Friday, January 24, 2014

Occitanian soup, freely translated (and another entry into my Culinary Hall of Fame)


Madeleine Kamman -- I am tempted to say, the great Madeleine Kamman -- remains my favorite cooking writer. Her New Making of a Cook and When French Women Cook comprise in themselves a complete cooking library, although I admit I prepare very few dishes from the latter; as she says in her introduction, most of its recipes are meant for entertaining and so are too elaborate for everyday. What is great about Madeleine, however, and what is evidenced in both books, is not only that she respects and teaches the science and the whys of cooking, which is always a great help (once you learn why your onions burned or your dough was tacky, you won't repeat mistakes endlessly), but that she has deep family and professional roots in France's and therefore the West's cooking heritage. She prefaces many of the recipes in The New Making of a Cook by saying, this is the authentic way (and why), this is the way I was taught and why, this is the no-shortcuts method which you must know in order to understand, etc. The cynic could argue that any writer on any technical subject is likely to claim that whatever he learned at his grandmother's side is authentic and in danger of being lost by foolish hustle-bustle modern man -- but Madeleine, whose attitude anyway is never lofty and judgmental like that, does seem to know her material. She knows, for example, that if you want to taste something like the fermented fish sauce of ancient Rome called garum or liquamen, "try to find on the French Riviera and in the backcountry of Nice a true pissalat, which by now has become a rare form of true liquamen."

Well, okay. Needless to say, I'll trust her on things like mashed potatoes or a good roast chicken.

Today's recipe is from the "Happy Marriages" chapter -- i.e., soups -- of The New Making of a Cook. I have had to translate Occitanian Soup into a somewhat less robust version of the original, not having access to confit fat, walnut oil, or pancetta. Not that it's anyone's fault but my own that I don't have access to these things. Confit fat, for example, is a kitchen product that you understand perfectly well you could make yourself, once you carefully read Madeleine's instructions about it. It's simply any animal fat, but usually duck, that is used as a kind of deep bath in which to cook a salted and spiced meat. Then the meat and fat are cooled and stored in a jar until wanted, the fat of course solidifying on top of the meat to act as a seal. So for a recipe calling for confit fat, you would reach into your cellar or fridge and spoon out a bit of it from the jar. The whole affair probably represents a cooking technique dating from the Stone Age, Madeleine says, "when meats were cooked in water in a large animal skin stretched like a pouch over an open fire. ...when one cooks meat this way and lets it simmer a long time, the water eventually evaporates, leaving the meat to finish cooking in its own fat." Incidentally, the spice mixture she likes best, to sprinkle on the meat you intend to cook in confit, comes from the village of Beynac in the Perigord (see page 786).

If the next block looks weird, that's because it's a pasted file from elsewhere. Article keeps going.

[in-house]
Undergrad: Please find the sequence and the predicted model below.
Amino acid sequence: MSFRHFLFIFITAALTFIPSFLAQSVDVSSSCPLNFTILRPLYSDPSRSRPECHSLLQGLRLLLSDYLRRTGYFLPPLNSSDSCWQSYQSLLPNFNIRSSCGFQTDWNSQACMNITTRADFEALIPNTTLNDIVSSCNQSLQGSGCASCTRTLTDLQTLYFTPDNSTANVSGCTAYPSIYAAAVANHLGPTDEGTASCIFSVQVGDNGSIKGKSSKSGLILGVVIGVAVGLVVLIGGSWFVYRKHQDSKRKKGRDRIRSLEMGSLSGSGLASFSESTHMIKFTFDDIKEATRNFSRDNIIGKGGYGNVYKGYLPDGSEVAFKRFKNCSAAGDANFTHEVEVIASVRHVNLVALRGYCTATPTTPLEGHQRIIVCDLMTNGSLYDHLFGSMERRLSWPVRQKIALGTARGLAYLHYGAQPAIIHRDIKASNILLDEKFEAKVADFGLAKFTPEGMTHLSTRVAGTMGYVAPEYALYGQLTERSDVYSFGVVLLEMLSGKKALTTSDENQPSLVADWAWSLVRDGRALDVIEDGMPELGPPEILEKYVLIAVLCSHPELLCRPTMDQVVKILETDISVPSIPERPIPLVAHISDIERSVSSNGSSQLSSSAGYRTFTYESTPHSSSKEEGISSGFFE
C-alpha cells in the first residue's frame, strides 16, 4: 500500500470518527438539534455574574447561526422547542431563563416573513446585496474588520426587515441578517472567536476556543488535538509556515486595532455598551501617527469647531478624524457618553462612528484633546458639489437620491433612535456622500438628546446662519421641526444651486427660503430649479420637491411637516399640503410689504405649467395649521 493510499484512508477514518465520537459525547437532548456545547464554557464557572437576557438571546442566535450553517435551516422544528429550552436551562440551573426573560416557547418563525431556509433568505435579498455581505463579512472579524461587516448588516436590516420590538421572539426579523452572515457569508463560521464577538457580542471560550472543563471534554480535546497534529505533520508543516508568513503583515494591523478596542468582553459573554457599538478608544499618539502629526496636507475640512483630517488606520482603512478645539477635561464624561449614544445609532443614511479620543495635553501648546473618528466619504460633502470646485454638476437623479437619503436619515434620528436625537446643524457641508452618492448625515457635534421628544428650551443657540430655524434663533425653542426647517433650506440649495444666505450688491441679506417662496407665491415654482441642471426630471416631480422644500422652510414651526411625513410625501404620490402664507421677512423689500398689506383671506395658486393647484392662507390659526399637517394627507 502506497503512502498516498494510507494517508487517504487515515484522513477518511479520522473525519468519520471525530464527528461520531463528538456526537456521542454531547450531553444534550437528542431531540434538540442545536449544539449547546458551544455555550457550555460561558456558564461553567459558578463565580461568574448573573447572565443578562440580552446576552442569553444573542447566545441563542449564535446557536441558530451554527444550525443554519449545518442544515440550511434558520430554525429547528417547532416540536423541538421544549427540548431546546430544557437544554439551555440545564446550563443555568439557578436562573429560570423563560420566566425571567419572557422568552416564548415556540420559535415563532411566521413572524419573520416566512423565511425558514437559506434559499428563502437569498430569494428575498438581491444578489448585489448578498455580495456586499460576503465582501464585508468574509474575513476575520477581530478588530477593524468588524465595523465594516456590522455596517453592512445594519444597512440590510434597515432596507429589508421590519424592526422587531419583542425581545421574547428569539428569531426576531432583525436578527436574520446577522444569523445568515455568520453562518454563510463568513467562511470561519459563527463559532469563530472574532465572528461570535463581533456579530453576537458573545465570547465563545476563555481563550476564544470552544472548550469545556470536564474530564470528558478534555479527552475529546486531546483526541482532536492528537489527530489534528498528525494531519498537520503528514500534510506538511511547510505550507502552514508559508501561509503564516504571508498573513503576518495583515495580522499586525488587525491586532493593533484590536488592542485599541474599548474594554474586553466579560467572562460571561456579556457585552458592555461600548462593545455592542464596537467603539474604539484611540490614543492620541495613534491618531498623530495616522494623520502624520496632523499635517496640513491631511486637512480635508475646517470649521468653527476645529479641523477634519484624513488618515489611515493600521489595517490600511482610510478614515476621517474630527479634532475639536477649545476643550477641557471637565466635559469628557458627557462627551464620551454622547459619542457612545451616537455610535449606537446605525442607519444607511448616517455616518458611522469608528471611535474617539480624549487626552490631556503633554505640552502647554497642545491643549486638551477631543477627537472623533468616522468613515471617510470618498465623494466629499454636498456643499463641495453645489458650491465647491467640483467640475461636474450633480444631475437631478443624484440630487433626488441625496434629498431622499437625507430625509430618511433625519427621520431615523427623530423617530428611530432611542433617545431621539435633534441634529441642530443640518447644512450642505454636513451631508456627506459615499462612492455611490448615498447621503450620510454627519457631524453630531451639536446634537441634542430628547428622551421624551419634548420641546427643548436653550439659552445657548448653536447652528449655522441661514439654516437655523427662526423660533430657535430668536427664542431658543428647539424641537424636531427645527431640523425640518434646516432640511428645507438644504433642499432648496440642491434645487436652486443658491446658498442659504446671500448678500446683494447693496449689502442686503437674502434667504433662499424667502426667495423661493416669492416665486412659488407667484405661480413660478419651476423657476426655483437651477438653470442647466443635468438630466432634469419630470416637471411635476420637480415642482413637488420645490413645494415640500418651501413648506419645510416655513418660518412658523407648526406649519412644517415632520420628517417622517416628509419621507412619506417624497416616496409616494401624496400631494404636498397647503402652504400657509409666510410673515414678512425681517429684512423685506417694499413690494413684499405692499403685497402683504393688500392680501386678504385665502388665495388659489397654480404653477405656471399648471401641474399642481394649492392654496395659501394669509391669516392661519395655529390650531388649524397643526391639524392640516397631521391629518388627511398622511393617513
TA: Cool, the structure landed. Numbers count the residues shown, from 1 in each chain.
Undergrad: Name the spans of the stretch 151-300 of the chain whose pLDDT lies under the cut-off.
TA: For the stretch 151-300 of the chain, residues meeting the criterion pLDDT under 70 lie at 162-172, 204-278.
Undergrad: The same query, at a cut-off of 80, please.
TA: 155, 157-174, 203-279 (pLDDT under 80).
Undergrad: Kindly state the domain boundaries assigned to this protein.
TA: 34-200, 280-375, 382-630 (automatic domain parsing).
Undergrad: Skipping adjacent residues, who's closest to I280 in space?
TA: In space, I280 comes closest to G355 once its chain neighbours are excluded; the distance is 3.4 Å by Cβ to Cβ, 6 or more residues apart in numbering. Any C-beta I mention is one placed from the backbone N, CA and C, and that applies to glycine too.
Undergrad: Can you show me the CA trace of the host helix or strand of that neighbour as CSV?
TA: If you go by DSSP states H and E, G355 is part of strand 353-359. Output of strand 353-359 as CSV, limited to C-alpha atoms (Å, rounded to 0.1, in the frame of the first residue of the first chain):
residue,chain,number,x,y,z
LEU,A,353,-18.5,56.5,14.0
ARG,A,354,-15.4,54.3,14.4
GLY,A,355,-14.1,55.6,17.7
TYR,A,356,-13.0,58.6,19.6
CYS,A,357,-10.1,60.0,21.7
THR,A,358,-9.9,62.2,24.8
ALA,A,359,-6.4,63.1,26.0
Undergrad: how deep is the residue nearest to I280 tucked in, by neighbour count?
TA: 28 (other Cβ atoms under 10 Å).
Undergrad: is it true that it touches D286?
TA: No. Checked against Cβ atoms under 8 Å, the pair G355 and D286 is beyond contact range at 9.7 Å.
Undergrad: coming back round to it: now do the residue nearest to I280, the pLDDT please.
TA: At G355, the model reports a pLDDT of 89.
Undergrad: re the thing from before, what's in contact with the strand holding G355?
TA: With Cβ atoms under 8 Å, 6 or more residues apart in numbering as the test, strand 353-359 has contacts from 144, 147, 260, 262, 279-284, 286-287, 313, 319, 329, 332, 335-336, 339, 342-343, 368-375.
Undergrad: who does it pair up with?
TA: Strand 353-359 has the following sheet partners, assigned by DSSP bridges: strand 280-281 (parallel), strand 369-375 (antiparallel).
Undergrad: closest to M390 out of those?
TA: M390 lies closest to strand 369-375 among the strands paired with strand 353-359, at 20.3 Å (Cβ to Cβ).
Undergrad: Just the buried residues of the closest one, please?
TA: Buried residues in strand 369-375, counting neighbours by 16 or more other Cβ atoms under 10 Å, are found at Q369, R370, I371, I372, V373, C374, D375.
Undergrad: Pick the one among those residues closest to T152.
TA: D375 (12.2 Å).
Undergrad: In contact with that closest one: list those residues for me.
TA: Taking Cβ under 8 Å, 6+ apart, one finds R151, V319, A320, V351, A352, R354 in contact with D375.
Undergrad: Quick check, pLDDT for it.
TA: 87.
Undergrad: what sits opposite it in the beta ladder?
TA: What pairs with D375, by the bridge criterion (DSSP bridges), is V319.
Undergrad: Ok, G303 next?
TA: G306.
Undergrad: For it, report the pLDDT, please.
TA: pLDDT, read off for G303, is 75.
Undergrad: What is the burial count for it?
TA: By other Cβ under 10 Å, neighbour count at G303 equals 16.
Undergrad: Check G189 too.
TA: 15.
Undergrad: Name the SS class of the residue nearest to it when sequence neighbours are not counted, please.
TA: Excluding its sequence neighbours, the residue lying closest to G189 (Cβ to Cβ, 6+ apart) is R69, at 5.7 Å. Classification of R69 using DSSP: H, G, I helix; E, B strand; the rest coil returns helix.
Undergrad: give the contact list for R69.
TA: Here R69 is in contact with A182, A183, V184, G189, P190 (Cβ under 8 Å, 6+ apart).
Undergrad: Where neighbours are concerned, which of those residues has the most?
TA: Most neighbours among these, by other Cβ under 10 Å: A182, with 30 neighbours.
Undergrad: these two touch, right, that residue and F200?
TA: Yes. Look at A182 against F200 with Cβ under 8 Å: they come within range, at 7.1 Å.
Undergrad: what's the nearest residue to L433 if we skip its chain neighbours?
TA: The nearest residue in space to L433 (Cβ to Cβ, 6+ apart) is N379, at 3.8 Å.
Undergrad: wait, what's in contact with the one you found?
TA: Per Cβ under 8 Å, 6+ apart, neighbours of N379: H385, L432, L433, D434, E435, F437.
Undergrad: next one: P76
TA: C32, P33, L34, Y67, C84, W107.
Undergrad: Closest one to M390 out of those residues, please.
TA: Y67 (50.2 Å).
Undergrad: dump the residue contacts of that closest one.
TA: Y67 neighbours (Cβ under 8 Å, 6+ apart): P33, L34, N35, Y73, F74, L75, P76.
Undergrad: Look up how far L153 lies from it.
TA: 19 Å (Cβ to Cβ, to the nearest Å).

Need I elucidate why she takes pride of place in my little Culinary Hall of Fame?

But, the soup. In the very authentic version, you will start by soaking dried beans overnight in water. Then you'll cook them briefly and set them aside. Then, you'll brown pancetta and onions in confit fat, and add to them loads of chopped vegetables -- cabbage, leeks, carrots, turnips, and celery, plus a big bouquet garni of 20 parsley stems, 1 large bay leaf, and 1 "very large" sprig of thyme. Toss all of it and let it cook briefly, then cover the vegetables with water and cook about 15 minutes, then add the beans and their water and cook about 35 more minutes.